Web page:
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Why Clutter Clearing Can Feel Impossible + What To Do About It

I can remember a time when clearing clutter felt impossible.

One memory in particular stands out: sitting on my floor late at night, surrounded by piles of clothes with tears streaming down my face.

I was just so tired.

Tired of my cluttered home, tired of being overwhelmed, tired of being tired, tired of being myself …

I wanted something different, and I suspected decluttering was the way forward. I had read so many blogs and books that made big promises and felt so optimistic at first! 

But as time passed, my optimism quickly faded. Decluttering was much more challenging than I expected, and in my head, all I could think was, “What’s wrong with me?”

Or my other favourite thought: “How did I let it get like this?”

If this strikes a chord, please know you are not alone. I’ve worked with hundreds of women from around the world who feel the same way — like decluttering was an impossible task they could never surmount — but for most, this just isn’t true. 

Here’s what I know about decluttering, why it feels impossible, and most importantly, how to move forward with letting go.

"What to Do When Decluttering Feels Impossible" in white letters on a translucent black overlay on top of an image of a woman sitting on a hardwood floor in a bedroom decluttering pictures.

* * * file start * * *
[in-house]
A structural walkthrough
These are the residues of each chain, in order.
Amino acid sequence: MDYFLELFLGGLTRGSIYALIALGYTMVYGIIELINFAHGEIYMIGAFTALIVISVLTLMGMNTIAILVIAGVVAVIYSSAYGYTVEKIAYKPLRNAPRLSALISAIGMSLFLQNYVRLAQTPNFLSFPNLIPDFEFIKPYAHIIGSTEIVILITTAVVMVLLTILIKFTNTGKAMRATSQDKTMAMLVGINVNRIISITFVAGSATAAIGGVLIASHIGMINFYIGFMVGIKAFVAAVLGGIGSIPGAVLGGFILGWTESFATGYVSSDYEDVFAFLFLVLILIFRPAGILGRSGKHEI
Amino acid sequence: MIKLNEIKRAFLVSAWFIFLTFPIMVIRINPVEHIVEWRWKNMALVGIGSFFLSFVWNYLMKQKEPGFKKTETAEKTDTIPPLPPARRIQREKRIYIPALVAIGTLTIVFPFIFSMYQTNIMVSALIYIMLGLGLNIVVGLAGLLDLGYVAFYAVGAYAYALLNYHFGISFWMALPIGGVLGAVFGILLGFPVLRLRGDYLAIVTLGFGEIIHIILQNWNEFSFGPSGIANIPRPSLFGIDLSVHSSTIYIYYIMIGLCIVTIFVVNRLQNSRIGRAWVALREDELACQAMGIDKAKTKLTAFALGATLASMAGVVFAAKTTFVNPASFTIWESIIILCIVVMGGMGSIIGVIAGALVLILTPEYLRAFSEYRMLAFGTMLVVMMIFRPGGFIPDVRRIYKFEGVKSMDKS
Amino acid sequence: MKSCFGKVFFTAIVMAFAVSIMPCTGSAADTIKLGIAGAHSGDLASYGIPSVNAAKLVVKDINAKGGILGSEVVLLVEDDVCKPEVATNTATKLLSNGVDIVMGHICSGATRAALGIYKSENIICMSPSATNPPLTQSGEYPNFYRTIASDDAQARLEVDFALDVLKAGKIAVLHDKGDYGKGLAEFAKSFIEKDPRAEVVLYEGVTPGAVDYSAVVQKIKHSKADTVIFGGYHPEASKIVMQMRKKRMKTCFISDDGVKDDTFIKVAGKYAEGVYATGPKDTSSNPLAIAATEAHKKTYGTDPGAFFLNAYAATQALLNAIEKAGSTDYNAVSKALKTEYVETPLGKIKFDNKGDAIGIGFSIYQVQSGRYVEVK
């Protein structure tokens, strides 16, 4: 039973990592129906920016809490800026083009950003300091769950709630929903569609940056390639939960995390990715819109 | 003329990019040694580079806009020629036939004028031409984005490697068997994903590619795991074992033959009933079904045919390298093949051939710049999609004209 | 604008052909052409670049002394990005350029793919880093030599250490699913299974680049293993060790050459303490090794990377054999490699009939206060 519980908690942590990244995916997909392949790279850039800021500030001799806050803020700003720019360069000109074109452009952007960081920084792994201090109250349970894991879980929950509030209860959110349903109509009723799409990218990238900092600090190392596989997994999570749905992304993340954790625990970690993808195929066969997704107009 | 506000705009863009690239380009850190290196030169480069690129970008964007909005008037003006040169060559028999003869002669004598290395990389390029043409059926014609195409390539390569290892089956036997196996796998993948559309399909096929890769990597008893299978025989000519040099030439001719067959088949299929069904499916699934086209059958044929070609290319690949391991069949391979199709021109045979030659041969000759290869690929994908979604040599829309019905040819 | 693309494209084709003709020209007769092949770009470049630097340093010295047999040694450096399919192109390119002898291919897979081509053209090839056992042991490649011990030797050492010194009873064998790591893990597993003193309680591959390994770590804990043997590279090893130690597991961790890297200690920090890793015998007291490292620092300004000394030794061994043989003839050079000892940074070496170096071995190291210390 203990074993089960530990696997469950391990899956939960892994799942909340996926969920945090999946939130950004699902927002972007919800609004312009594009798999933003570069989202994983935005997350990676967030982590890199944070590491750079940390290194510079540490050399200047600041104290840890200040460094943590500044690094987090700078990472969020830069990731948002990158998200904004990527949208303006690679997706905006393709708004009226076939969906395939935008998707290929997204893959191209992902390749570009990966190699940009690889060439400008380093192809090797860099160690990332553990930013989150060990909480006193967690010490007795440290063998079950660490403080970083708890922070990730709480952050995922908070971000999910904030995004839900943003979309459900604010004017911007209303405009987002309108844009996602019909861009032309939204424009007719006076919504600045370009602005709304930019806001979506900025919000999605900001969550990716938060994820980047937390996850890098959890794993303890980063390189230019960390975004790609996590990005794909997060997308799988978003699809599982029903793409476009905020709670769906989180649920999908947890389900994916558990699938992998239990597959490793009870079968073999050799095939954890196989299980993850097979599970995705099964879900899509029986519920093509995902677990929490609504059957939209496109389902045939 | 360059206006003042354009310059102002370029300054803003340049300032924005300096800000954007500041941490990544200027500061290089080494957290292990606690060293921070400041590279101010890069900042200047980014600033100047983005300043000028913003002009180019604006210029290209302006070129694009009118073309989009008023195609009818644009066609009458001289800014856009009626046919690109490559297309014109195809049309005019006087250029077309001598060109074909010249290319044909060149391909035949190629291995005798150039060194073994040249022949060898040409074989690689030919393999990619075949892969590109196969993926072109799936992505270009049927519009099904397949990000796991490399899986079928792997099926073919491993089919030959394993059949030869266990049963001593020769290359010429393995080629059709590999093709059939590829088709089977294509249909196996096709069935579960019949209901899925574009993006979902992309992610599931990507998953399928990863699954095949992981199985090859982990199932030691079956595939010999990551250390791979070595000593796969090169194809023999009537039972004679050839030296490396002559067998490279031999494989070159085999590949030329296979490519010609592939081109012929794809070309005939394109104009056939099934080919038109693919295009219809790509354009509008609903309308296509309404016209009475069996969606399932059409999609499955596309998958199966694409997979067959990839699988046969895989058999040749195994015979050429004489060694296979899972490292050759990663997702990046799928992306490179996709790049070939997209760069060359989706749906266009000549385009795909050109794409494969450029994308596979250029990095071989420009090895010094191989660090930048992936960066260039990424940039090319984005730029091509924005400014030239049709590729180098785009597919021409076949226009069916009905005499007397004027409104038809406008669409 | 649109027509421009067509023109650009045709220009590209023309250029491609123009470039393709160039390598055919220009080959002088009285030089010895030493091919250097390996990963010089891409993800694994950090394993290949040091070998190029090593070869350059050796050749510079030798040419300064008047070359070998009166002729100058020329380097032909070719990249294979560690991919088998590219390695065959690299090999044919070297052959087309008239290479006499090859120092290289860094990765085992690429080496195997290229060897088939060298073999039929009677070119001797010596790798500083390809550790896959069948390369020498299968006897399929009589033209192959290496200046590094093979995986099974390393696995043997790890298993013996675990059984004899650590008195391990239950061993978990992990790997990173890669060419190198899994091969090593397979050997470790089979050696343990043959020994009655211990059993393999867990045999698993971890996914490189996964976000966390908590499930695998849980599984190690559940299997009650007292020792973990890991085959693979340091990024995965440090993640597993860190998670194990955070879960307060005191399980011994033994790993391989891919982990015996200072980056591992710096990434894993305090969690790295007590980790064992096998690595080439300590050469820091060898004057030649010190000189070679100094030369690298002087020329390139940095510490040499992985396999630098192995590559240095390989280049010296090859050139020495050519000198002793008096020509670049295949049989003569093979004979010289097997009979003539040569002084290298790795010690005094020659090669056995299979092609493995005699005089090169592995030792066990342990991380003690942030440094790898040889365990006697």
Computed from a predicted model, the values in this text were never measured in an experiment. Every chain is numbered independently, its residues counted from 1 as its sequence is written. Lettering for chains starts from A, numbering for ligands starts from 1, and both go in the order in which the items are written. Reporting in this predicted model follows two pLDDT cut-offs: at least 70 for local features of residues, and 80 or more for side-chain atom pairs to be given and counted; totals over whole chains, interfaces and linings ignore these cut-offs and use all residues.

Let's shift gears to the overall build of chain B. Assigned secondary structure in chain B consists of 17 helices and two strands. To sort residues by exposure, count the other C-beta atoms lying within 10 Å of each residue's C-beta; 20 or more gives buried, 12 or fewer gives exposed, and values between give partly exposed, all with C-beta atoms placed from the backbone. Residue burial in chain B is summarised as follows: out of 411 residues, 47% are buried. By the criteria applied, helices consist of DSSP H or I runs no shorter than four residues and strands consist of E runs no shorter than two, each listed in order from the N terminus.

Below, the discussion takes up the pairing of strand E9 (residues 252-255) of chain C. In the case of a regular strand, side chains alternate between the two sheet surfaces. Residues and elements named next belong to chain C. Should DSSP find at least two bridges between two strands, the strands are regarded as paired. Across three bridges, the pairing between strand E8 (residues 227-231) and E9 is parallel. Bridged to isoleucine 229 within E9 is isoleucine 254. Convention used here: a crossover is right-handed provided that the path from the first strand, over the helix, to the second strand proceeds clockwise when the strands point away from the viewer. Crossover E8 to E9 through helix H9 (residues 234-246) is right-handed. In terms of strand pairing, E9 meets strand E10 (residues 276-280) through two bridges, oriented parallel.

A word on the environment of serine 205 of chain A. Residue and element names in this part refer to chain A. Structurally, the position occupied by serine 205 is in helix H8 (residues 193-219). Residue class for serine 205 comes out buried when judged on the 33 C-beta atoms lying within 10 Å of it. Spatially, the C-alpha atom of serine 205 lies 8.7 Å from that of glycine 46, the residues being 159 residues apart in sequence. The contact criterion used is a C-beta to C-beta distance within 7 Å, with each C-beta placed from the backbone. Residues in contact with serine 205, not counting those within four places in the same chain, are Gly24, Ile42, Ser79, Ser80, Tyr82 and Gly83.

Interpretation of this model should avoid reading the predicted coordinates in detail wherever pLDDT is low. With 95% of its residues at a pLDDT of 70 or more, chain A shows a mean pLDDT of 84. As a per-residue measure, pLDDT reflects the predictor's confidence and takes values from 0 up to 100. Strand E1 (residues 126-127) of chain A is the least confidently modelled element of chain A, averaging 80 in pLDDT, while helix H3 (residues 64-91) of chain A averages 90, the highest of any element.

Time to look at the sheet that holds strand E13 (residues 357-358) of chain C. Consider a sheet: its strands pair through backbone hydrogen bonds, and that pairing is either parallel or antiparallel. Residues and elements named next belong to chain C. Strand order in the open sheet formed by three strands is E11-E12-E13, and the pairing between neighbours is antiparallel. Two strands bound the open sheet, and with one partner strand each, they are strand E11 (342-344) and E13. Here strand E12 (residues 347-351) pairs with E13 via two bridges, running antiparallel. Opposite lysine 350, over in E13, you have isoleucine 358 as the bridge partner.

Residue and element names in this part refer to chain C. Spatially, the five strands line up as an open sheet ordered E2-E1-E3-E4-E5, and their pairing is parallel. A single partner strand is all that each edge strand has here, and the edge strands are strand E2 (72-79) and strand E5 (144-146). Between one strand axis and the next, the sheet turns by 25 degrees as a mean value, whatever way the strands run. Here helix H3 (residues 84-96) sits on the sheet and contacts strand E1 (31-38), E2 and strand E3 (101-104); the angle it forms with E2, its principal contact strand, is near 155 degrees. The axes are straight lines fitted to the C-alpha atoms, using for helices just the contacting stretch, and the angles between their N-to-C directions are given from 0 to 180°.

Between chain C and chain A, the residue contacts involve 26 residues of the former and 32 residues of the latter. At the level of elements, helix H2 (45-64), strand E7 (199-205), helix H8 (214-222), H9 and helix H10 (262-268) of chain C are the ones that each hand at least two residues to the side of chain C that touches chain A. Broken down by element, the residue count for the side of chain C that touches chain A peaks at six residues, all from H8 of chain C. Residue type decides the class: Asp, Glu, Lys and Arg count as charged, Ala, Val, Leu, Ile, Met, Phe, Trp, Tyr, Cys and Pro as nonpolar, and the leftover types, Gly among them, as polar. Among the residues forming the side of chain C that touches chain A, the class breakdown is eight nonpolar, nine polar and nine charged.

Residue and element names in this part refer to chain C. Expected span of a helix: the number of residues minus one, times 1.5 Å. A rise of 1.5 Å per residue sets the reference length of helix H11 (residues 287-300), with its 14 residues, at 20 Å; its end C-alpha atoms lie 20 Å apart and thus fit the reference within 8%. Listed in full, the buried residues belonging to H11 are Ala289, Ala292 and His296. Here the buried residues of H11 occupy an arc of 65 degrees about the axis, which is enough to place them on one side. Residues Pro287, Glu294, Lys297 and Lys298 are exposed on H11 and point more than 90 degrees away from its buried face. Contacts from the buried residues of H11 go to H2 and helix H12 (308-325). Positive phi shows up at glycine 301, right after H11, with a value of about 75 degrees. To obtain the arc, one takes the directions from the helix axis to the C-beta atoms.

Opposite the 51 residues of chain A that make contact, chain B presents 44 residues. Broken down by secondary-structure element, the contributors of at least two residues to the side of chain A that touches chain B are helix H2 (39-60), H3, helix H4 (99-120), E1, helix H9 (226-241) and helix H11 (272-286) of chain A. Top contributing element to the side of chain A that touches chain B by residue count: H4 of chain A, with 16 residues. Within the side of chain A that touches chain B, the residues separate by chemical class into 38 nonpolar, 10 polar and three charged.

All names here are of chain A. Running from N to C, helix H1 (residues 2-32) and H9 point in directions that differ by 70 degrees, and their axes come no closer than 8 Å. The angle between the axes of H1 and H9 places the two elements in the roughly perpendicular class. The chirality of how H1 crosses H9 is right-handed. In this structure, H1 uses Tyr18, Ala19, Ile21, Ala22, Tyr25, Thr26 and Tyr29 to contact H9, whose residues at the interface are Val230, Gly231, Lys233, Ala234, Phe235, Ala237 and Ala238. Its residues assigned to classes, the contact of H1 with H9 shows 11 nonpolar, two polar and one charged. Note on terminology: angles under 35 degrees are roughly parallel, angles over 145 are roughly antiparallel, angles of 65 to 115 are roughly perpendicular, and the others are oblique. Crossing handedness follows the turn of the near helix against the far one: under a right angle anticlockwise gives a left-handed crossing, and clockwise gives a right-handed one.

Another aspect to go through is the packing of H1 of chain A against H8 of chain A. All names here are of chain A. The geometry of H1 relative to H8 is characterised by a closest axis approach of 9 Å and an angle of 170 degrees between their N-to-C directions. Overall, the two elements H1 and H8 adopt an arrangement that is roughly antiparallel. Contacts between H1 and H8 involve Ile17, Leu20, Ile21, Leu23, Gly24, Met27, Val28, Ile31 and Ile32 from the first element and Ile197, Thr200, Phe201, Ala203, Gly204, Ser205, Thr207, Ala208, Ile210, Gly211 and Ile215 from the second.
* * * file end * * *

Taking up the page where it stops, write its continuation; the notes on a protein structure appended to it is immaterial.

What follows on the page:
Understanding Clutter: Why It’s So Hard to Let Go

A quick note before we dive in — everyone’s circumstances are different, and some people need to keep more ”stuff” due to finances, geographic location, and more. One’s ability to weather uncertainty is almost always relative to one’s position in life. 

This is why I firmly believe that minimalism is not one-size-fits-all. I invite everyone to consider what “enough” looks like for you and your family instead of chasing arbitrary decluttering goals. 

Most people can’t (and don’t want to) live an extreme minimalist lifestyle! But almost everyone can take small steps towards a simpler life. 

It’s also worth mentioning that neurodiversity, mental and physical health, and other factors influence your relationship with clutter. The point of this article isn’t to shame anyone but to offer insights into common decluttering challenges.

Related Post: Cluttered House, Cluttered Mind: Why Mental Health Matters

1. You‘re focusing on the wrong problem

When I first started decluttering, I thought it would be a mostly physical job (something like spring cleaning). I just had to put my head down, apply some elbow grease—and boom! My house would be decluttered.